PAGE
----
by Uloma Ofole
In my grandmother’s backyard, her grains of paradise
were flowering – purple horns sprouting
from the roots of their dying matriarchs and heralding ‘the new.’
The plants were dying for the flowers to rise,
an act I thought unfair
and stood at the scene
she held my face
and wiped away my tears
and I saw that she wore my daughter’s smile,
her face smooth and delicate as the purple petals,
her touch, light as the fragrance they gave.
She said, “I’m happy to see the flowers. Why are you crying?”
I said, “Grandma, your grains of paradise are dying.”
She said, “But they are flowering. Can’t you smell the flowers?”
She said it was time
for her to rest
knowing that the flowers were sprouting.
I clutched her wrinkle-less hand to my heart,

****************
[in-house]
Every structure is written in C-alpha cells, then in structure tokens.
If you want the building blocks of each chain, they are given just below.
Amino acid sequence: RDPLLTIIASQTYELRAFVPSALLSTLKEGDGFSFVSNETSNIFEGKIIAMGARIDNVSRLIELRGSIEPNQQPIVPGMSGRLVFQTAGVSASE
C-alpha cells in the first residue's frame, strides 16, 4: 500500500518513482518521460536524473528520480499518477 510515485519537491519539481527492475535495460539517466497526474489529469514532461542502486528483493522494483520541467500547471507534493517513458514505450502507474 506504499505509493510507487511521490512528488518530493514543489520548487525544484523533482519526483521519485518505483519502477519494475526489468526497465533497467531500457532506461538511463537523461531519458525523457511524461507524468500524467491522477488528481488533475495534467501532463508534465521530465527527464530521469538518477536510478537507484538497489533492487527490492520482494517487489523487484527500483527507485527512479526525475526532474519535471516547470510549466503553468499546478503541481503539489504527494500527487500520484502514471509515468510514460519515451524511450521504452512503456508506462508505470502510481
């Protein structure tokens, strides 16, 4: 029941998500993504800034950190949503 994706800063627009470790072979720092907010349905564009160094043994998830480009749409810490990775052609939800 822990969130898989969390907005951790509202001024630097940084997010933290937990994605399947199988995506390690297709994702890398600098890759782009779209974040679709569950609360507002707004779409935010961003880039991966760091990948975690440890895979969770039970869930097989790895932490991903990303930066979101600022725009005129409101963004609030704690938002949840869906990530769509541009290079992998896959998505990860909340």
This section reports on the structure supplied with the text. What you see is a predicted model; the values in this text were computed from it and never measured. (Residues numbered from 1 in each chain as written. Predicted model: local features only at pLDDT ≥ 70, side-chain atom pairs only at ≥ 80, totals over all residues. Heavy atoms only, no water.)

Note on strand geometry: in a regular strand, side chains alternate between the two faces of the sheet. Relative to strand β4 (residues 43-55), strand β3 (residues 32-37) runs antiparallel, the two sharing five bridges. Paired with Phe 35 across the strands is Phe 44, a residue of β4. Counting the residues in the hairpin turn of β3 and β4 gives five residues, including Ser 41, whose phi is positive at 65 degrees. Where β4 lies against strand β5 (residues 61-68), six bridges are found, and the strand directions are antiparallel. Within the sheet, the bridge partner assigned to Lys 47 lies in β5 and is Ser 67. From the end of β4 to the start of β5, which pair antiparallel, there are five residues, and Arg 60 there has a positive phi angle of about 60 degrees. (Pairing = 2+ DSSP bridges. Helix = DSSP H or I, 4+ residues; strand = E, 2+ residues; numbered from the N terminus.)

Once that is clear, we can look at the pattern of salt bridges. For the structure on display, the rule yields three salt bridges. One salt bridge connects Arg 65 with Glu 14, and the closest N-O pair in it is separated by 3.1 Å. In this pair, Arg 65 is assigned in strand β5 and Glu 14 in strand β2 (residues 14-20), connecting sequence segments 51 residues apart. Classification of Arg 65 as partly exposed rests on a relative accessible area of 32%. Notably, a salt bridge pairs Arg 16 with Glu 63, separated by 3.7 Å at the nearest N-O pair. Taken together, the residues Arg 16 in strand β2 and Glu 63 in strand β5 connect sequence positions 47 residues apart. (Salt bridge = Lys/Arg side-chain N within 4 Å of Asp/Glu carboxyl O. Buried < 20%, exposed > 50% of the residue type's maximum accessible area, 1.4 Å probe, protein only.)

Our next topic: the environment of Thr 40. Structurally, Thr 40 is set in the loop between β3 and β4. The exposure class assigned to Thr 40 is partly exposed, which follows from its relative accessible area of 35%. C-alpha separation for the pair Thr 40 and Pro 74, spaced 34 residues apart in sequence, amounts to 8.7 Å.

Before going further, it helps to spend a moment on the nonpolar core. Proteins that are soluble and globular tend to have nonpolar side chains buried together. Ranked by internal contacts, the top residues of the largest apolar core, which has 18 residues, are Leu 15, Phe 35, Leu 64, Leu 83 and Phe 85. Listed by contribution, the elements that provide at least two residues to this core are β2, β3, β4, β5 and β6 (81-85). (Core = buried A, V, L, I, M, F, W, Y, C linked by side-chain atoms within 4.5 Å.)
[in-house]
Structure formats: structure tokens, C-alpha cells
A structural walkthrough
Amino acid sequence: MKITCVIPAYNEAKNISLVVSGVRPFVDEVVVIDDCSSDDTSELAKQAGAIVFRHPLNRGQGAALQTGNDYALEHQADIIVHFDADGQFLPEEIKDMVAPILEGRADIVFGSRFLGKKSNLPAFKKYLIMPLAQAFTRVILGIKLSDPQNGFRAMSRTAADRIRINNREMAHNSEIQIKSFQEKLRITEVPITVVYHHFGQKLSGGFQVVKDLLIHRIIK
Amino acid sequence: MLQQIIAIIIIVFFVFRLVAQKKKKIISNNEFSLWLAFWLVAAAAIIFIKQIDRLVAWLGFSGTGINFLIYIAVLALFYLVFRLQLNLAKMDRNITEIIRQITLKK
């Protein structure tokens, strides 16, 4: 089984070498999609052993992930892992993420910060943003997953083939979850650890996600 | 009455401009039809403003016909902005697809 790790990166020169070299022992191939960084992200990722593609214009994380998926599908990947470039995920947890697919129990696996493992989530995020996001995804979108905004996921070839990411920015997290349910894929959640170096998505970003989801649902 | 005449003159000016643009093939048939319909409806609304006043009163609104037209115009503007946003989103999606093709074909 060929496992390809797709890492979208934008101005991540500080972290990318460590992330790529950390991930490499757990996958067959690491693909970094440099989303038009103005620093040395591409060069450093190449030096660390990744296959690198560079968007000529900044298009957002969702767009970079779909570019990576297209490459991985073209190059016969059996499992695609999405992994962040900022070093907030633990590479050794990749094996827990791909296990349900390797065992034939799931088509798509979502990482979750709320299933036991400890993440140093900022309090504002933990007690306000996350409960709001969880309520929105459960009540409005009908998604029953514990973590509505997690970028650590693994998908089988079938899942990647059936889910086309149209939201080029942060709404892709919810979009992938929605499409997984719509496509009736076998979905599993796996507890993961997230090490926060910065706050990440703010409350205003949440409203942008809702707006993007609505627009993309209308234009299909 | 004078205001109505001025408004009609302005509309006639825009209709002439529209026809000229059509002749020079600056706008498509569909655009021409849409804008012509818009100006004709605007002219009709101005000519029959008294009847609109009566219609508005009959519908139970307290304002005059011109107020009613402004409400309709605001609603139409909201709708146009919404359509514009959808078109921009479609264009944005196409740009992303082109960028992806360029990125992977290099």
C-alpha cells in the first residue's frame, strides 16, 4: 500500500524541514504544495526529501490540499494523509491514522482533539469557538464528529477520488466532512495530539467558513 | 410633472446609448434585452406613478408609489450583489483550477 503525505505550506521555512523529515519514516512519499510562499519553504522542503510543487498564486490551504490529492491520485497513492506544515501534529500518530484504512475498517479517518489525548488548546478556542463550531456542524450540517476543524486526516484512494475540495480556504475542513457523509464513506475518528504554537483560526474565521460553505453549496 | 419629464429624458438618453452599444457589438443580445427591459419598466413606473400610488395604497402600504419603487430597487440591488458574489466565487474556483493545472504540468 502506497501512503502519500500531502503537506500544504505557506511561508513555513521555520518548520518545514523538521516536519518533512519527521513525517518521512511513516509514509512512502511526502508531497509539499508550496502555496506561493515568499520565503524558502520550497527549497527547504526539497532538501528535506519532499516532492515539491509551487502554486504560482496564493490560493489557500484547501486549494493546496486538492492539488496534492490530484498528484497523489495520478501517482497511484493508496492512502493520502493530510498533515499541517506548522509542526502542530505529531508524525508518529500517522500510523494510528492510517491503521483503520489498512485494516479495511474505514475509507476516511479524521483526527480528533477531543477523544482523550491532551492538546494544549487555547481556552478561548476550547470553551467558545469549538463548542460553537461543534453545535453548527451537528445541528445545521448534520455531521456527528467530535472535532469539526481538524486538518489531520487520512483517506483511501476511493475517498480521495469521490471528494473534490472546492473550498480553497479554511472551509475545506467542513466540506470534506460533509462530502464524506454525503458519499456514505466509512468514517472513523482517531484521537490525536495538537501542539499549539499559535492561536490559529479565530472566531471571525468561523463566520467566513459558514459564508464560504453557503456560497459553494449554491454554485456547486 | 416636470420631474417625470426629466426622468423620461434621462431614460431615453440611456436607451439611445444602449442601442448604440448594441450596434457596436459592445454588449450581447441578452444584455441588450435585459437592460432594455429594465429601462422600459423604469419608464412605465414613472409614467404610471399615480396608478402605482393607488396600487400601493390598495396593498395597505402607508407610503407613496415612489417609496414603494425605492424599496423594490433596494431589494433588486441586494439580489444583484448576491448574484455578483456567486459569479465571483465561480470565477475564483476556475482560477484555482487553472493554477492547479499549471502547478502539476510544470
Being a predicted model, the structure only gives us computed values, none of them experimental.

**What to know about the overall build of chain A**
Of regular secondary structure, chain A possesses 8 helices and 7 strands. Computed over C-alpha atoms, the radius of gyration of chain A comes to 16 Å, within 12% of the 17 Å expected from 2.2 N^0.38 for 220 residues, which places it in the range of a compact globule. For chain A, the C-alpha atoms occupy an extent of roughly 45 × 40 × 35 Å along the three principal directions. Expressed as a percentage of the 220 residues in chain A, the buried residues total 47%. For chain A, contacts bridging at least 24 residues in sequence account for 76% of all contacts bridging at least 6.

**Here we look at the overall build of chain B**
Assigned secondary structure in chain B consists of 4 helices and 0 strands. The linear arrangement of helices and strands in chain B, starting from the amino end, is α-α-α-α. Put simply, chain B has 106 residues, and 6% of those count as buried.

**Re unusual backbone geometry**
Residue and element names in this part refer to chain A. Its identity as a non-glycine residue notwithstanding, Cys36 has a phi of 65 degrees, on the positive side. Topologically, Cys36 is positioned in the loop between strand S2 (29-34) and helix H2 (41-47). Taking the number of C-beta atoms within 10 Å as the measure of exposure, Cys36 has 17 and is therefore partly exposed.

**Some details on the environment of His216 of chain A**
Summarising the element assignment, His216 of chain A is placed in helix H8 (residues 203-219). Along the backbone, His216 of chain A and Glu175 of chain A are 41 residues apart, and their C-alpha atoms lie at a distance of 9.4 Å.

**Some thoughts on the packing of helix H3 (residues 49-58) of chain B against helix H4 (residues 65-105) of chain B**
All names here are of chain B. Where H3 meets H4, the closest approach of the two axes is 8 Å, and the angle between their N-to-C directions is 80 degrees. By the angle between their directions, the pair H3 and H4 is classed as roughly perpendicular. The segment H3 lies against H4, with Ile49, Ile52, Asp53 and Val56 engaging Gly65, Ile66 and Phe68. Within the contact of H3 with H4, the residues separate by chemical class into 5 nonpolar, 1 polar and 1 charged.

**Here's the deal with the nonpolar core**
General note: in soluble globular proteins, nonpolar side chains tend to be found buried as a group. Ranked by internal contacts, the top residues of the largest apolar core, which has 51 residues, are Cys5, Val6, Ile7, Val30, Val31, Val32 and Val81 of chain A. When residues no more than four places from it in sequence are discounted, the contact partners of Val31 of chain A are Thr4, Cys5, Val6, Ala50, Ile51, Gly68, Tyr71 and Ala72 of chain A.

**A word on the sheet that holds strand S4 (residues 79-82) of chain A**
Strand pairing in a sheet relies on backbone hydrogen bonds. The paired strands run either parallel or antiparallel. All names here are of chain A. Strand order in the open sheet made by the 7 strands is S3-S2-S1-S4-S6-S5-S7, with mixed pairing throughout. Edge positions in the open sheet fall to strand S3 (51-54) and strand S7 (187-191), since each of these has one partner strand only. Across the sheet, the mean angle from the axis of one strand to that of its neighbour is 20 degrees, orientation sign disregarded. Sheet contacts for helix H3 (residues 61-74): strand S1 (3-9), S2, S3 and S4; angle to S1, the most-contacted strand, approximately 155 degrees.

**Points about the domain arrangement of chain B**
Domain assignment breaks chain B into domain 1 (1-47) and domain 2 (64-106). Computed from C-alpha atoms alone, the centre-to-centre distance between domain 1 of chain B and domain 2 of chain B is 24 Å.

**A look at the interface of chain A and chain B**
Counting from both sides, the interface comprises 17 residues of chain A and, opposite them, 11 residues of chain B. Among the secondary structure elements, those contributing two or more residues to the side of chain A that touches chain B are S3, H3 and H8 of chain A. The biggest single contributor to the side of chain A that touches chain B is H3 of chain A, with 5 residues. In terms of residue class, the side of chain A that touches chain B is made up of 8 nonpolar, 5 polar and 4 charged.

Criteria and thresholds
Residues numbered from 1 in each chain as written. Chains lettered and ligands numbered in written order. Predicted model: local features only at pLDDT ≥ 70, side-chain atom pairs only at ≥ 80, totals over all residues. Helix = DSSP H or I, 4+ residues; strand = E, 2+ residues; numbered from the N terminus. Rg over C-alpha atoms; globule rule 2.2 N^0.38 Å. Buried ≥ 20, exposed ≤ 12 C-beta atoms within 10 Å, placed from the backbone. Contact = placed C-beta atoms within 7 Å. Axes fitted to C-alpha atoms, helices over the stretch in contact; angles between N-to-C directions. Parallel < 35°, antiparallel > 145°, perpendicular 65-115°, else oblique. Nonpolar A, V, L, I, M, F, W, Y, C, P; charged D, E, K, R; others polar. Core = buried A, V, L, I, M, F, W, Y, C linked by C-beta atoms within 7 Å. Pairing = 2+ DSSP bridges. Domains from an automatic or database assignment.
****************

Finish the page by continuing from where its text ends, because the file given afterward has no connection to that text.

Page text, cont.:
not wanting to let go.
My daughter’s touch,
light as my grandmother’s
wakes me, her wrinkle-less hand on my heart
as I lay on my bed smiling.
Uloma Ofole is drawn to poetry that celebrates nature, humanity, and diversity including justice and fairness.
She is inspired by her immediate environment and focuses on the beauty of nature and the vulnerability of humanity to express her thoughts and views. Uloma spent over ten years working with the underprivileged in HIV/AIDs and vulnerable children projects. She lives in Nigeria with her husband and two beautiful teenage daughters. When she is not writing, she enjoys gardening, cooking, and soap making.